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On-line version ISSN 2007-3364

Therya vol.7 n.2 La Paz May. 2016 


Conservation biogeography in the Mexican Mountain Component: bridging conservation and patterns of endemism

Biogeografía de la conservación en el Componente Mexicano de Montaña: enlazando conservación y patrones de endemismo

Ricardo Morales1 

Tania Escalante1  * 

Elkin A. Noguera-Urbano1 

Niza Gámez1 

Gerardo Rodríguez-Tapia2 

1 Grupo de Biogeografía de la Conservación, Departamento de Biología Evolutiva, Facultad de Ciencias, Universidad Nacional Autónoma de México. Circuito Exterior s/n, Ciudad Universitaria, Coyoacán, 04510. Ciudad de México, México. E-mail: (RM), (TE), (EANU), (NG).

2 Unidad de Geomática, Instituto de Ecología, Universidad Nacional Autónoma de México. Apartado Postal 70-275, Coyoacán, 04510, Ciudad de México, México. E-mail: (GRT).


The Mexican Mountain Component (MMC) includes six biogeographical provinces. In this manuscript, we propose to use endemic taxa as surrogates to prioritize for conservation areas of the MMC. We use the distribution of 24 endemic mammals to prioritize conservation sites in the MMC and to evaluate the current Mexican system of protected natural areas (PNA). We used species distribution models and the software ConsNet 2.0 to prioritize areas for conservation, evaluating two algorithms (the representation maximization problem, and the area minimization problem) and two different representation targets (10% and 25%) of the distributional area of endemic taxa. In addition, we considered the effects of including existing PNA and/or excluding areas with altered vegetation. The representation maximization problem including current PNA was ineffective for reaching conservation targets. Meanwhile, all area minimization problems allowed us to prioritize areas reaching the targets of surrogates. In particular, a strategy that considers area minimization problem using a target of 10% of the distribution of surrogates, including PNA and excluding the altered vegetation, was the most favorable for maintaining the distributional patterns of the endemic mammals. This solution proposes the protection of a total of 37,460 km2, covering areas with altitude above 2,400 m located mainly in the Sierra Madre Occidental, the Transmexican Volcanic Belt, and provinces of the Sierra Madre del Sur. A prioritization strategy based on the distribution of endemic mammals as surrogates can help to maintain the distributional patterns of endemism of the Mexican biota.

Key words: conservation biogeography; endemicity; mammals; Mexico; surrogates; sympatry


El Componente Mexicano de Montaña (CMM) ocupa los principales sistemas montañosos de México, incluyendo seis provincias biogeográficas. En este manuscrito, proponemos que los taxones endémicos pueden ser utilizados para priorizar áreas de conservación en el CMM. Se priorizaron sitios de conservación con base en la distribución de 24 mamíferos endémicos; seguidamente se evaluó el sistema de áreas naturales protegidas (ANP) de México, a través de la representación de los mamíferos endémicos. Se utilizaron modelos de distribución de especies y el software ConsNet 2.0 para priorizar áreas de conservación, empleando dos algoritmos: el problema de máxima representación y el problema de área mínima. Además, se utilizaron dos metas de representación: 10% y 25% del área de distribución de las especies endémicos. Además, se consideraron las ANP existentes y se excluyeron áreas de vegetación alterada para algunos ejercicios. El problema de representación máxima, incluyendo las ANP actuales, fue ineficaz para alcanzar las metas de conservación. Mientras, todos los problemas de área mínima permitieron priorizar áreas que alcanzan las metas de los subrogados. En particular, la estrategia que considera el problema de área mínima con un objetivo del 10% de la distribución de los subrogados (incluidas las ANP y excluyendo la vegetación alterada) puede ayudar a mantener los patrones de distribución de endemismo en la biota mexicana. Esta estrategia incluye 37,460 km2, cubriendo áreas por encima de los 2,400 metros y que se encuentran principalmente en la Sierra Madre Occidental, la Faja Volcánica Transmexicana, y las provincias de la Sierra Madre del Sur. Una estrategia basada en áreas priorizadas en función de los mamíferos endémicos como subrogados puede ayudar a mantener los patrones de distribución de endemismo de la biota mexicana.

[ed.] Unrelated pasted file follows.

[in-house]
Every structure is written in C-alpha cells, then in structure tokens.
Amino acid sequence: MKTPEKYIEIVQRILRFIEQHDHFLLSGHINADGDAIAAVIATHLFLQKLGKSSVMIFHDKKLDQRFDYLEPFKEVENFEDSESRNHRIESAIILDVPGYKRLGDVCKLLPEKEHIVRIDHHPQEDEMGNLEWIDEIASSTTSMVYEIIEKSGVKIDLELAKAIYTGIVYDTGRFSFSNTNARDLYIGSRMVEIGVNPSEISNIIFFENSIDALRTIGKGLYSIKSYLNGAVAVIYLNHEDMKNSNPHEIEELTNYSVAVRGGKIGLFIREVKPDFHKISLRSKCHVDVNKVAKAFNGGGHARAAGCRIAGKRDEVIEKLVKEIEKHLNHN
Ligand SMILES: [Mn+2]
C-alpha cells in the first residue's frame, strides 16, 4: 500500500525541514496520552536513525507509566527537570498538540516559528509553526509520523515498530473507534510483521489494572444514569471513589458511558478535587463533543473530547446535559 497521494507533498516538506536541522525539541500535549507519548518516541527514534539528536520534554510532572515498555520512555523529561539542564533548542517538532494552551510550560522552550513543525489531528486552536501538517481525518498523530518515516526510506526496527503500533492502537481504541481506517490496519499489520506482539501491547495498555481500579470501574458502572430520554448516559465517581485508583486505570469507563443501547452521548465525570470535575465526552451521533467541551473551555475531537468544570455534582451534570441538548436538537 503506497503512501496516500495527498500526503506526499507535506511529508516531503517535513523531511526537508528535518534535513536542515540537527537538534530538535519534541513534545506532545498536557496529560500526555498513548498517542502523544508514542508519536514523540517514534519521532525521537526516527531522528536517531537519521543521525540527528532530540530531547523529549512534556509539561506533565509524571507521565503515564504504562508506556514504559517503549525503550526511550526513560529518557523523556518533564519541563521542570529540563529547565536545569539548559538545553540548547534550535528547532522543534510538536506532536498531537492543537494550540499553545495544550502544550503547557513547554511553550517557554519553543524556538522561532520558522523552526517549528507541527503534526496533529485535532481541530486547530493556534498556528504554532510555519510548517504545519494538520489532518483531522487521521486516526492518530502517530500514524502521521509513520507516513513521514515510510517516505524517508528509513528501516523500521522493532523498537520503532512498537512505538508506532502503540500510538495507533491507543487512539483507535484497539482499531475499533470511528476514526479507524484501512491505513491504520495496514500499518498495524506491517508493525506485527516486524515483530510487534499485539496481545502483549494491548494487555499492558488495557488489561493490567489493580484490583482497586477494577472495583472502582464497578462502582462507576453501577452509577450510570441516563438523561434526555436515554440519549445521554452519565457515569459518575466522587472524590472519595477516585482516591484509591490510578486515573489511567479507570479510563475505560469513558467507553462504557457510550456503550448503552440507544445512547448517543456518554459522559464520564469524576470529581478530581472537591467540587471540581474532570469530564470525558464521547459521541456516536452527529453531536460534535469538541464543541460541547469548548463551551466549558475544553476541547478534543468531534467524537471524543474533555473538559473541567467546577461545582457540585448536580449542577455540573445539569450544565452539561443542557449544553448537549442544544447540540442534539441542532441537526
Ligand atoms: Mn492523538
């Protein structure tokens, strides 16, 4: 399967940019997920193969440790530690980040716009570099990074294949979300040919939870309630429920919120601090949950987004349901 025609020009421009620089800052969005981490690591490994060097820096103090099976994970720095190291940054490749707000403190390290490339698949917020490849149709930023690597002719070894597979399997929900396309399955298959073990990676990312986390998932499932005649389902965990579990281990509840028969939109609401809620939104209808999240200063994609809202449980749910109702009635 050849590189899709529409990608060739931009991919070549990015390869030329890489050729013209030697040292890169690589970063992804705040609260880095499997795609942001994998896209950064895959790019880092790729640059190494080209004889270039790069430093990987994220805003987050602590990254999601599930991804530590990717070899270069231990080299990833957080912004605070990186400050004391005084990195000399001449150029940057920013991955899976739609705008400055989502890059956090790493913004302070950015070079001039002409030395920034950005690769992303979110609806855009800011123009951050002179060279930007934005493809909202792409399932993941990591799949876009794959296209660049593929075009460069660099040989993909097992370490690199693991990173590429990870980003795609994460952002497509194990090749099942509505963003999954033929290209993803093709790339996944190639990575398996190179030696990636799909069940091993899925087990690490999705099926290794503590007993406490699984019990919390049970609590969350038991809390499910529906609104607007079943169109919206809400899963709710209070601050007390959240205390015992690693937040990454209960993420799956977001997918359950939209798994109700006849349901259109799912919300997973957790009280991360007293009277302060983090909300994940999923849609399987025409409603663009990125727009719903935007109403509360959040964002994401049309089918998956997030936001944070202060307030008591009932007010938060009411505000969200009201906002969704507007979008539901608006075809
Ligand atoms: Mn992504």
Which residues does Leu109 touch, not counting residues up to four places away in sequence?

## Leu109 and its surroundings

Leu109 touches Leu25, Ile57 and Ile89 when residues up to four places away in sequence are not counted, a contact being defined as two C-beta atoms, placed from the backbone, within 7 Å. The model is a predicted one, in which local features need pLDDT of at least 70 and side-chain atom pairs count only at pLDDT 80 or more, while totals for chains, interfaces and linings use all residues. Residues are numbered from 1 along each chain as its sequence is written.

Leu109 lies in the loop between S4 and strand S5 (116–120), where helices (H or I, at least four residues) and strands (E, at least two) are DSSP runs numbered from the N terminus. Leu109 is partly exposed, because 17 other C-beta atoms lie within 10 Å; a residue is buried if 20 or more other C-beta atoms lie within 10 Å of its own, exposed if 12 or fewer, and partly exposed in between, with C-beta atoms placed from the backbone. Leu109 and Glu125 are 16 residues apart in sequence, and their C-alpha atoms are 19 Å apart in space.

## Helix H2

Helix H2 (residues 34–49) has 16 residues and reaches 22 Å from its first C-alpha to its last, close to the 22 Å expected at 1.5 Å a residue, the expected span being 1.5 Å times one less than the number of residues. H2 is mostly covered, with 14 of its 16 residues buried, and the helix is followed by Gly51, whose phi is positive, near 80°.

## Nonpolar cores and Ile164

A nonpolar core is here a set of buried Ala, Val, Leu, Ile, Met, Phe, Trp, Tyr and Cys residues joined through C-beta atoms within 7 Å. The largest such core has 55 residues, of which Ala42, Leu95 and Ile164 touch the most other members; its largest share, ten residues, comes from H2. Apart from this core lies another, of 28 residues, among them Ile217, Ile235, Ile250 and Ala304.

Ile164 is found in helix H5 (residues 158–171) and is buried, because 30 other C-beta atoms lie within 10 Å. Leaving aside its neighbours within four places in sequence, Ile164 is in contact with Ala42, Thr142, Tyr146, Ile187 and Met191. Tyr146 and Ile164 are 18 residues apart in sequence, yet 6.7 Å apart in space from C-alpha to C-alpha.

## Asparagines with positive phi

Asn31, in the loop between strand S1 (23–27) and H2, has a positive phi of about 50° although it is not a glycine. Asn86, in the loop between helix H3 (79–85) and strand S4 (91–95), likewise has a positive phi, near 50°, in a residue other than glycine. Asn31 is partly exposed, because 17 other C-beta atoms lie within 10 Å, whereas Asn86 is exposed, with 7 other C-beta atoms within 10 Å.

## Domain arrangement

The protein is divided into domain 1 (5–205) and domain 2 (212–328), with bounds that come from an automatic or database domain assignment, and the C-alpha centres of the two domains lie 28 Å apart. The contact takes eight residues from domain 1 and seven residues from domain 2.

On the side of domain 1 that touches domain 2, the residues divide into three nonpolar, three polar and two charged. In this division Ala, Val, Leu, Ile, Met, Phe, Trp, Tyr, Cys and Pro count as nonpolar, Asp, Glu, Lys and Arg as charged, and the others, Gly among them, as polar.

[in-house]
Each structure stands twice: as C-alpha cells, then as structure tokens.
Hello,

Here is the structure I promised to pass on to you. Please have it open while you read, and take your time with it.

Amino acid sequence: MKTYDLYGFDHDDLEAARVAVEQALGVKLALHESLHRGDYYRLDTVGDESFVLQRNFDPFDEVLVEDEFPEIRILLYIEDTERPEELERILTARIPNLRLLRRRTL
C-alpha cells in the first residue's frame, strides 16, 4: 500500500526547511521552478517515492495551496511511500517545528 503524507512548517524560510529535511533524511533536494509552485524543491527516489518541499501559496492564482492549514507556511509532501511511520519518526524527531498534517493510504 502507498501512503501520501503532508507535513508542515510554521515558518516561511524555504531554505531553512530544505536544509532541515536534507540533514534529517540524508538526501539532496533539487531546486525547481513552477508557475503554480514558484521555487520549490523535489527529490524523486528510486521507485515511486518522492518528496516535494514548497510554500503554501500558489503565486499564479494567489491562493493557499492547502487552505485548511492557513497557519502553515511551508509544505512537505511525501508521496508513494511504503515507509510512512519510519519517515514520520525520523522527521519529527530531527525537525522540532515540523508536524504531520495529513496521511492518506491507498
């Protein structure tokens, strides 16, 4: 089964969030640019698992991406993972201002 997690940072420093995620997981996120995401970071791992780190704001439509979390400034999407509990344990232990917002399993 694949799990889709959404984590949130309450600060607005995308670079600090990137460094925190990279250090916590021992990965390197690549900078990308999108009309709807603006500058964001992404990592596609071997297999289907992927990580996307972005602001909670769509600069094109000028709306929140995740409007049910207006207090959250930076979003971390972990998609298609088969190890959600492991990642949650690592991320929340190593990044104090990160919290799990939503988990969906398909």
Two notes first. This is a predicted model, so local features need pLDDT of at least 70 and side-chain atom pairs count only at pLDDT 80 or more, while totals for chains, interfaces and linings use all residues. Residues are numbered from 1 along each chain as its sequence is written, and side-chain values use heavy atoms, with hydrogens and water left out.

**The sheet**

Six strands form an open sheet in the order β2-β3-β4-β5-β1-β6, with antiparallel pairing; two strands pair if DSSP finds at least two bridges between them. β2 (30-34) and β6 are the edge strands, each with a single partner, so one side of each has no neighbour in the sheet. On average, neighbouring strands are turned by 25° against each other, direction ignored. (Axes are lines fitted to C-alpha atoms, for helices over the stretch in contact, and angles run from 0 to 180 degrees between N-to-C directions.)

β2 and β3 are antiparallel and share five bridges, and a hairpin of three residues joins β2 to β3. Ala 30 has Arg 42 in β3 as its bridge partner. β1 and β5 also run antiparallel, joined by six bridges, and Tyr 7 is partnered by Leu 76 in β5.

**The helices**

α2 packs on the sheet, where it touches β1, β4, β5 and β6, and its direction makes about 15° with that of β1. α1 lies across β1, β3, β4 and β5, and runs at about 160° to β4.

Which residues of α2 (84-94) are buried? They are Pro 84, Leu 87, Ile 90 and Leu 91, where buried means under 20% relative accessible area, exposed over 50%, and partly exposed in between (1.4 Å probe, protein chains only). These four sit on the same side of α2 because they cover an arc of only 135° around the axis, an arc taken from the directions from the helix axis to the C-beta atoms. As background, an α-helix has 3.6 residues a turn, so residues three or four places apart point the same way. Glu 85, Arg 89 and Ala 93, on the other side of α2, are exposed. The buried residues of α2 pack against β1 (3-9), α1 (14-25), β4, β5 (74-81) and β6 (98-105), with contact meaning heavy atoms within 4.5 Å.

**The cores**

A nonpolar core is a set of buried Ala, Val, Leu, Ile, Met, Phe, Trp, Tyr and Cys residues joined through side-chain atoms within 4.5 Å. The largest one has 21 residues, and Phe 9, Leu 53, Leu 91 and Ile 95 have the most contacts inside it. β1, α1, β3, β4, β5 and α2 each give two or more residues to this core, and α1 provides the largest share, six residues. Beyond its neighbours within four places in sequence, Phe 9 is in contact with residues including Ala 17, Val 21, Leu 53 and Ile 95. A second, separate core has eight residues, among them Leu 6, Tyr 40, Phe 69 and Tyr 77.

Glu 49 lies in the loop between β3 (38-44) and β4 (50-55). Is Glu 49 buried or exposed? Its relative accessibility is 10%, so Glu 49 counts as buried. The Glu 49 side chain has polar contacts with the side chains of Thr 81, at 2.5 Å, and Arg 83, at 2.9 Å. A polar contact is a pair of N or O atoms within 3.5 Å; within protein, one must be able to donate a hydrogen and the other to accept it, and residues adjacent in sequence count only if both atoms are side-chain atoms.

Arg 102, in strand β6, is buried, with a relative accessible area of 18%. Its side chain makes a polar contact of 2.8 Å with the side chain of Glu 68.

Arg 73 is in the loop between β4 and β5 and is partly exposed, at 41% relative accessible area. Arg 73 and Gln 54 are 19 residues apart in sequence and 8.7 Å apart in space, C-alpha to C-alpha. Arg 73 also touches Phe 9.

Whittaker et al. (2005, p. 4) defined conservation biogeography as "the application of biogeographical principles, theories, and analyses, being those concerned with the distributional dynamics of taxa individually and collectively, to problems concerning the conservation of biodiversity". Although biogeographic patterns have been used as criteria for area prioritization, many of them are limited to current patterns (such as species richness), but evolutionary patterns are, in general, missing (Luna-Vega et al. 2010).